To the Editor:
This Thanksgiving while eating breakfast in my home next to a bike path, I witnessed two dog fights. The first involved 3 dogs all were off leash and with their owners. While the dogs snapped and snarled at each other, their owners lamely shouted at them to “stop it” until they were able to grab their pet and haul them away from the other loose dogs. The second happened in a similar manner and involved just two dogs.
Thenwhile walking near the CU East Campus ponds, my wife and I were startled to see a buck and doe running full speed towards Foothills Expressway while being chased by a large dog, also off leash. It is a wonder that none of them ran on to the expressway to be hit by traffic. A couple of minutes later we saw the dog with it’s owner. The owner was on her cell phone and her dog was next to her; there was no leash with the owner or on the dog. We told her that it was illegal for her to let her dog run after wildlife. She argued that it wasn’t a problem because they were not “baby deer.” We told her that her dog should not be off leash unless it was under voice and sight control. She yelled that the dog had the tags and resumed her phone call.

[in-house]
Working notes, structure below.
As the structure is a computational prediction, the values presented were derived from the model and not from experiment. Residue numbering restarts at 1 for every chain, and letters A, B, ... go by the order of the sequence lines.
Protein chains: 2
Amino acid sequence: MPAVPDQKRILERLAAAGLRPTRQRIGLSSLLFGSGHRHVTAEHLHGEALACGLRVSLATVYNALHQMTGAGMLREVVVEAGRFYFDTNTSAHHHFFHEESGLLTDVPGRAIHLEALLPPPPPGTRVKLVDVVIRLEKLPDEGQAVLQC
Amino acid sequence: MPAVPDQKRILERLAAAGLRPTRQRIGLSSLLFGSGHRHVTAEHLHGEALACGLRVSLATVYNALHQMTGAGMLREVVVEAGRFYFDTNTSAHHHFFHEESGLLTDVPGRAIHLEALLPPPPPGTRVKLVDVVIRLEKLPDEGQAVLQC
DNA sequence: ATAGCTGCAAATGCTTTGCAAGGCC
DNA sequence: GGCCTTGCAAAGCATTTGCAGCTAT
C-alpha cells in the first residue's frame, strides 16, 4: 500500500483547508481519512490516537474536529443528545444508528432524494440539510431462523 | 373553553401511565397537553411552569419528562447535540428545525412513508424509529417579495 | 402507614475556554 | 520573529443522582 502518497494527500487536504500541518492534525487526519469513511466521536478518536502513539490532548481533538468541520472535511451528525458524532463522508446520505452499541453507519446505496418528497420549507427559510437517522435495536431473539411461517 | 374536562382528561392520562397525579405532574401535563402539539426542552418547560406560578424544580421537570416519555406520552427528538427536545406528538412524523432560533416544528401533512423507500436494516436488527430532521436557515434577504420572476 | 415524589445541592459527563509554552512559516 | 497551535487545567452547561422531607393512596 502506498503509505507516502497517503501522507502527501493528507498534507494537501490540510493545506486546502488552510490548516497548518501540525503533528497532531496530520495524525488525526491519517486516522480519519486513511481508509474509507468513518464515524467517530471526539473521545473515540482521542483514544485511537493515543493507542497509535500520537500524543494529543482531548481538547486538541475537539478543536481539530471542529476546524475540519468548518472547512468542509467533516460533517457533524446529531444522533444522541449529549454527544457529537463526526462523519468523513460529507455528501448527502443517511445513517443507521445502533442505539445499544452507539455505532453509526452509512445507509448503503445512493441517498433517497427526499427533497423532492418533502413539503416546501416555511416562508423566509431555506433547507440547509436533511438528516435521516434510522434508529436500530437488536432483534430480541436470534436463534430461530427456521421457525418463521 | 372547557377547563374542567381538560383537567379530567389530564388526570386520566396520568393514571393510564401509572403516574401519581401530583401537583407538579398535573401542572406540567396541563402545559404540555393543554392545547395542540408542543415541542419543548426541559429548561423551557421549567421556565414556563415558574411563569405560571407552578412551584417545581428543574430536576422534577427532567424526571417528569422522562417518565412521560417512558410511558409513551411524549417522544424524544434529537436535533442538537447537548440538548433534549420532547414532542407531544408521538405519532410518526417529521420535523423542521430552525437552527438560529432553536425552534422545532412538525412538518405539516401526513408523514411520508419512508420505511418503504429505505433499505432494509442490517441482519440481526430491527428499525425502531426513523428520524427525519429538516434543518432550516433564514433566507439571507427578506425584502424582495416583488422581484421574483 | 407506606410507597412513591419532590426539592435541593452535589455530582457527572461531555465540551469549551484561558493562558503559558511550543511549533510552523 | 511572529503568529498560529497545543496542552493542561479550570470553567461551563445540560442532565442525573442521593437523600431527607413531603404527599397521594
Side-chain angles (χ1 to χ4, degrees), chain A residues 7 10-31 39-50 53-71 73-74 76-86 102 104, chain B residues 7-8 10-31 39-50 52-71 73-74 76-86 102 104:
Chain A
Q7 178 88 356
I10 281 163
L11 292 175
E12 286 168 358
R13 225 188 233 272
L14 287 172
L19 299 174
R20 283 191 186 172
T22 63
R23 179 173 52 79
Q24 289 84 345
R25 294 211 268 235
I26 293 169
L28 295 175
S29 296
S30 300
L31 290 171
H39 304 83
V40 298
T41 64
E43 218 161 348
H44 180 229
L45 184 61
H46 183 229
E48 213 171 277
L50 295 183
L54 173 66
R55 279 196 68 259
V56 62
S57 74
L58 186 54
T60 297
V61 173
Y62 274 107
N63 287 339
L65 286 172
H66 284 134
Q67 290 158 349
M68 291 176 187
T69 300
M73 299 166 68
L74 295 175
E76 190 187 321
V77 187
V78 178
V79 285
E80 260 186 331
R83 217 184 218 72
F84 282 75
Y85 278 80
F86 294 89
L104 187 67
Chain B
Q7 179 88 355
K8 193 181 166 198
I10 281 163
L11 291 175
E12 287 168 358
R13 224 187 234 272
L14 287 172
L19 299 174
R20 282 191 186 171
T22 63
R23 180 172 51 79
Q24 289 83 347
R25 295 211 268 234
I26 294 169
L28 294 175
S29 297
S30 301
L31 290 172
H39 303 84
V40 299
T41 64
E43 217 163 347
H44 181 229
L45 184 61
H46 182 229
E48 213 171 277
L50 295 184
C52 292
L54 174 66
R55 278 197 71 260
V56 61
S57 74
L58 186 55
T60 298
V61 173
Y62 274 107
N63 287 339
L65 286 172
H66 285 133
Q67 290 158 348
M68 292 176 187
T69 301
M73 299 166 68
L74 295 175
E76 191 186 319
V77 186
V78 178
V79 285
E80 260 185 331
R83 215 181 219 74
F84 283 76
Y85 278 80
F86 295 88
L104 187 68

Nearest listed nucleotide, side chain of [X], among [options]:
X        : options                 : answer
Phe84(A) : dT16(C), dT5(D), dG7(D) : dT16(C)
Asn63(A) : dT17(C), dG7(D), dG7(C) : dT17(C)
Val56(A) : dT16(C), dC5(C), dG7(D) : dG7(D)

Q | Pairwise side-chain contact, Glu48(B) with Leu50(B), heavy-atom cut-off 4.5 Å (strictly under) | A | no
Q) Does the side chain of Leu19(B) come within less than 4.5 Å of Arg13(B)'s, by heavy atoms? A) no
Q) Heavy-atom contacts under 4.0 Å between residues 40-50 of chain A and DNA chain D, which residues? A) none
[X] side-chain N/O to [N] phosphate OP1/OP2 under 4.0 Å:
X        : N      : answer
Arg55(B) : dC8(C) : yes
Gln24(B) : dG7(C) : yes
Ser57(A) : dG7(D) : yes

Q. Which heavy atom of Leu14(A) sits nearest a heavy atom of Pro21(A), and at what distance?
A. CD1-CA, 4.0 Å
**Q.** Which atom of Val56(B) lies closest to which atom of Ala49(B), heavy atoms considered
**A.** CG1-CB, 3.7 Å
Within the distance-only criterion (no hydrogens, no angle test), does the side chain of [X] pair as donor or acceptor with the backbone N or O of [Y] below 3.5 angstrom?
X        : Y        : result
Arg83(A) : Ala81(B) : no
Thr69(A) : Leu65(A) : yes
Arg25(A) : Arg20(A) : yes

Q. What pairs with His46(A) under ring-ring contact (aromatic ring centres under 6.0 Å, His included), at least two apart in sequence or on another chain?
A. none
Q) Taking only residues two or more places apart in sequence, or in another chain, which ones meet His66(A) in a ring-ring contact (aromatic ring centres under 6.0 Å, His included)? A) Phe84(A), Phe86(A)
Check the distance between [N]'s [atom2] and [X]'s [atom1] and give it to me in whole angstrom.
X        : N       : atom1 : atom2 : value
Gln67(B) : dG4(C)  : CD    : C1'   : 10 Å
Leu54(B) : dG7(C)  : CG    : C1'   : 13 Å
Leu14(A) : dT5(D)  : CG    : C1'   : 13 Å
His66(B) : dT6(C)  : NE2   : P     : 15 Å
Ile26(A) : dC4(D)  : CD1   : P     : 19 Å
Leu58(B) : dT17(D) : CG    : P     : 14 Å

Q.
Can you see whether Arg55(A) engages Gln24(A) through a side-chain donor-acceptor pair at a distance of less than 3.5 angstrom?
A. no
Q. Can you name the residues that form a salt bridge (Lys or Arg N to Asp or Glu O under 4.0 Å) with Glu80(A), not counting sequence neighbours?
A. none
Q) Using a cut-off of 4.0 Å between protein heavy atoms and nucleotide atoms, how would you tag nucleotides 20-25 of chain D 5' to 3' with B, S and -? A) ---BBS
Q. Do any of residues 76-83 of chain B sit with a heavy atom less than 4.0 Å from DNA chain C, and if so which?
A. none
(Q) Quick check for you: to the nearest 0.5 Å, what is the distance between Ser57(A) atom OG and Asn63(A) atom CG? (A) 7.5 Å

While we do not have a dog, my wife grew up with a father who trained dogs for other people as a hobby. We both believe that a well trained dog is a joy to behold and is happy when it knows it is being a “good dog” and getting positive feedback. We have known dogs who will bring a leash to its favorite companion when it wants to go out for a walk. And we especially enjoy watching the goatat work every spring.
It has occurred to me that poorly trained, off leash dogs are a hazard to other pets, people and wildlife. A well trained dog is happy to walk next to his favorite human on a leash and get those “atta boys” and affectionate pats on the head while walking. It is the off leash dogs who are dazed, confused, endangered and sometimes a danger to themselves and others.